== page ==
Robert Durst Case Draws Attention From Expert Witnesses


Robert Durst Expert WitnessRobert Durst, the millionaire scion of a New York real estate empire, is most famous for being implicated in three murders over the span of three decades. Durst’s first alleged crime dates back to 1982 when his first wife, Kathie,  went missing. Though her body was never found, Kathie Durst was declared legally dead in November 2001.

The second of his alleged murders occurred in December 2000. Susan Berman, a family friend of the Dursts, was found dead; shot in the back of the head. Her death came days before she planned on speaking to police regarding Kathie Durst’s disappearance. The main piece of evidence in the Berman case was an anonymously-written note to the “Beverley [sic] Hills Police,” informing them of a “cadaver” inside Berman’s house. The LAPD considered Durst a possible suspect, but he was not charged.

The LAPD considered Robert Durst as a possible suspect in Berman’s murder, but he was never charged with the crime.

In 2001, Durst moved to Galveston, Texas, where he posed as an old woman under the alias “Dorothy Ciner.”. At this time Durst allegedly committed his third murder by killing his neighbor – an elderly man named Morris Black. Police found a headless torso floating in Galveston Bay and upon investigating the now-missing Mr. Black’s room, they found blood leading to the room of “Dorothy Ciner.”. The apartment also contained bloody boots and a bloody knife. A search of Durst’s car revealed a saw and a gun.

At trial, Durst claimed that he did dismember Black’s body, but that he committed the murder in self-defense. Durst was found not guilty of the murder in November of 2003.

All this led to Durst’s alleged confession, recorded during an interview with documentary filmaker Andrew Jarecki in 2012. While in the bathroom, where he had apparently forgotten about the microphone he was wearing, Durst said “There it is, you’re caught. What the hell did I do? Killed them all, of course.”. This confession would be unexamined until June of 2014, a few months before the Susan Berman murder investigation was reopened.

In addition to his alleged confession, a piece of correspondence written by Durst was discovered during the documentary with handwriting that was nearly identical to that of the Berman letter.

Did Robert Durst write the letter? Handwriting experts weigh in. Bert Baggett appeared on “Legal View with Ashleigh Banfield” and agreed that the notes look alike and thinks it might be his. However, he needs further notes written by Durst to conclude one way or the other. An LA Times article compares a note written by Durst to the anonymous note. Both notes were written in all capitals and the word “Beverly” of Beverly Hills was misspelled.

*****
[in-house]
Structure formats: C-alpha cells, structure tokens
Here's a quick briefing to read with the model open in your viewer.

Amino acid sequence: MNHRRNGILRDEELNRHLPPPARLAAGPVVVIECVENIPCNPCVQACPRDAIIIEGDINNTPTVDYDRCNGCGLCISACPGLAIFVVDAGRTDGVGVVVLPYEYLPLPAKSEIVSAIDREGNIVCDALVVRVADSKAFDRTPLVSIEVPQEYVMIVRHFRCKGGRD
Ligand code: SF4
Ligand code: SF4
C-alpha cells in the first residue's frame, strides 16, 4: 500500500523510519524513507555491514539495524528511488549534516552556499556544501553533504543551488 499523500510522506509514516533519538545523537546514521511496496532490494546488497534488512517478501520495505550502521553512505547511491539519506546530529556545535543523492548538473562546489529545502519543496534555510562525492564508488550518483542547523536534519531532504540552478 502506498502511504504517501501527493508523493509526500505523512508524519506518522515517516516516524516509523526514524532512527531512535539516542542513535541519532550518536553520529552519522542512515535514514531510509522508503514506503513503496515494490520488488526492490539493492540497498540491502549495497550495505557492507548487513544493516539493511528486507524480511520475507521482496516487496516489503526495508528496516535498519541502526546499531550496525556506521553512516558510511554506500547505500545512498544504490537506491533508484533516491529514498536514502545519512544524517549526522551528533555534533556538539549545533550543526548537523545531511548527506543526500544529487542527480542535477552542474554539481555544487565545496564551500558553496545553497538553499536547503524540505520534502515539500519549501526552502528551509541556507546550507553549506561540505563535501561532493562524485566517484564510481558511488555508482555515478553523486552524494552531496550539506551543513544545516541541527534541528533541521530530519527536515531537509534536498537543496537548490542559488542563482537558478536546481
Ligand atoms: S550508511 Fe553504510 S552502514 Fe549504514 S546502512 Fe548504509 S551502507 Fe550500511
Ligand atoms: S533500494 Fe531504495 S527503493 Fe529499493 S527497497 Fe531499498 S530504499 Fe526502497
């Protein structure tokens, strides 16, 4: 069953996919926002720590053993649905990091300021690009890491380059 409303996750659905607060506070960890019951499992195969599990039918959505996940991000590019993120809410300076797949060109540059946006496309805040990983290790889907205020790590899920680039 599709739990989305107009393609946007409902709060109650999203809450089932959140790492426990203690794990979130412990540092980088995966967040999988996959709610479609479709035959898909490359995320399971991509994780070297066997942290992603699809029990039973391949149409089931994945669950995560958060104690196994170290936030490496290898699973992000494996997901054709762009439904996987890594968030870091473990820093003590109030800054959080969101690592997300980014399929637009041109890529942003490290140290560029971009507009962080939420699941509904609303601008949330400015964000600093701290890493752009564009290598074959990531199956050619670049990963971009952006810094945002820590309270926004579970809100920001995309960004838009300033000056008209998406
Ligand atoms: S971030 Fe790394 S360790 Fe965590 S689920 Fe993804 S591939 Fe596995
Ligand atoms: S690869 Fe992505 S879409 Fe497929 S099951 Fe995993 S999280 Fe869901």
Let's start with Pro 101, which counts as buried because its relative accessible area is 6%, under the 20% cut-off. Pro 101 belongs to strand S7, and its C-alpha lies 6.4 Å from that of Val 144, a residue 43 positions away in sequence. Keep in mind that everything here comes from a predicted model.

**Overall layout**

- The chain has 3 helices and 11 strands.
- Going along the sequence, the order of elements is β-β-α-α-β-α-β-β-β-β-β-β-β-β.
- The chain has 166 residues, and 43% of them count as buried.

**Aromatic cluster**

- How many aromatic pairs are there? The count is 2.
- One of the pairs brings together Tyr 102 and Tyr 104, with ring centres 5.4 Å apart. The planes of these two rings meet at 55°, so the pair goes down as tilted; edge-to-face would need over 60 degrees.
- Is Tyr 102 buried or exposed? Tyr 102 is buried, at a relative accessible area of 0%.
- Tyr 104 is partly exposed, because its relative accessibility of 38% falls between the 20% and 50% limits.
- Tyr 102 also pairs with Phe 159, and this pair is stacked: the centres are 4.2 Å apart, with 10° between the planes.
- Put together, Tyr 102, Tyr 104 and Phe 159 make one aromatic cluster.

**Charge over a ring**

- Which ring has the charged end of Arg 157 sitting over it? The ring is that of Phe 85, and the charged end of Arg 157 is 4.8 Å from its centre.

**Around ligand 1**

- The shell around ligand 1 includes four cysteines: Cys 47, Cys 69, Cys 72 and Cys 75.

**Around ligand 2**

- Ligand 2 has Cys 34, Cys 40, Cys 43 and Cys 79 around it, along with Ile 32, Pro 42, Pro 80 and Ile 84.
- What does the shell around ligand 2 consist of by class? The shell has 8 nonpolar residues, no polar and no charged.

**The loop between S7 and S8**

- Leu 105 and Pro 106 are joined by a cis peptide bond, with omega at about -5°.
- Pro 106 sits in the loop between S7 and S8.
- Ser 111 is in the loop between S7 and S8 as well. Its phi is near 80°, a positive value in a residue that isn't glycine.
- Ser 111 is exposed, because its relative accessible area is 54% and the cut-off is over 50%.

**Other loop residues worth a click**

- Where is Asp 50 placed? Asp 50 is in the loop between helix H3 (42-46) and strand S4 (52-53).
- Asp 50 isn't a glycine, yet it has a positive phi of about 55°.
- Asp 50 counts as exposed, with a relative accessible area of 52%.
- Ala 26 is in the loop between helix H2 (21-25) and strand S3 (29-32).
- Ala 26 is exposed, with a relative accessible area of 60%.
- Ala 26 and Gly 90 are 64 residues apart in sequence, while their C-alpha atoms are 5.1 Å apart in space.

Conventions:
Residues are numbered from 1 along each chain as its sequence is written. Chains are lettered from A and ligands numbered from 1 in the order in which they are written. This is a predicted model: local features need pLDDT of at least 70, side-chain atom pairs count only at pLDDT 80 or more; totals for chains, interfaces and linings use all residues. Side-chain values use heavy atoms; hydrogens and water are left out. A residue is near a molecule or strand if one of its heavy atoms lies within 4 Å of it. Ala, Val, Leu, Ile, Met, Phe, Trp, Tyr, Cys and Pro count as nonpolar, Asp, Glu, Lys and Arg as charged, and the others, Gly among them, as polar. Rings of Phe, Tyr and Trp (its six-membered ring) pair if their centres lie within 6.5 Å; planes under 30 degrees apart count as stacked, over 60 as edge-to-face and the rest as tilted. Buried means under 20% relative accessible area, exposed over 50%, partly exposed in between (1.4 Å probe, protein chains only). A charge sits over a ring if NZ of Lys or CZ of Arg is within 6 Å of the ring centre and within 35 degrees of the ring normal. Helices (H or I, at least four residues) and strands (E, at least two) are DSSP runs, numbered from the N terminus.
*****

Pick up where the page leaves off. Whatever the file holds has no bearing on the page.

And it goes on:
Sheila Lowe, a handwriting expert, calls the error “very significant.”. Having seen both letters, Lowe thinks there’s a “strong probability” that both letters were written by the same person. But Mark Denbeaux, a law professor at Seton Hall University who has researched handwriting evidence, said he often testifies against its reliability in court. “It’s so bogus,” he said. “It’s sort of like the emperor has no clothes.”. If the LAPD is “trying to look at letters and shapes and say these two letters are written by the same person,” he said, “they have enormous problems.”. Comparing handwriting samples is problematic for several reasons, Denbeaux said, noting that each person’s handwriting is different each time they write. “Every time we all pick up a pen,” he said, “we write differently.”. Investigators had found the analysis of the anonymous note to be inconclusive.

There will also be a search expert brought in with regard to the federal weapon charges. Durst’s lawyers will bring in Don DeGabrielle. He is a former Louisiana and US prosecutor, as well as a former FBI agent. He also served as US Attorney for the Southern District of Texas in Houston from 2006 to 2008. DeGabrielle will opine on “federal law enforcement procedures relative to arrest, inventory and search” in future filings by Durst’s defense team. They seek to have a judge bar evidence seized in a search of Durst’s hotel room. Durst’s lawyers have contended that the initial search of his room was done without a warrant and have sought to have evidence taken in the search deemed impermissible.

What about Mr. Durst’s mindstate? James Garbarino, an author and a professor of psychology who specializes in violence in children, thinks that Durst is not a true psychopath. He further believes that Durst’s behavior is due to childhood trauma; namely witnessing (or so he claims) his mother dying when Robert was 7, and how he remembers the funeral very well (“it never left him”), as well as the dissolution of his first marriage (where he threatened to kill her because he felt “rejected”).

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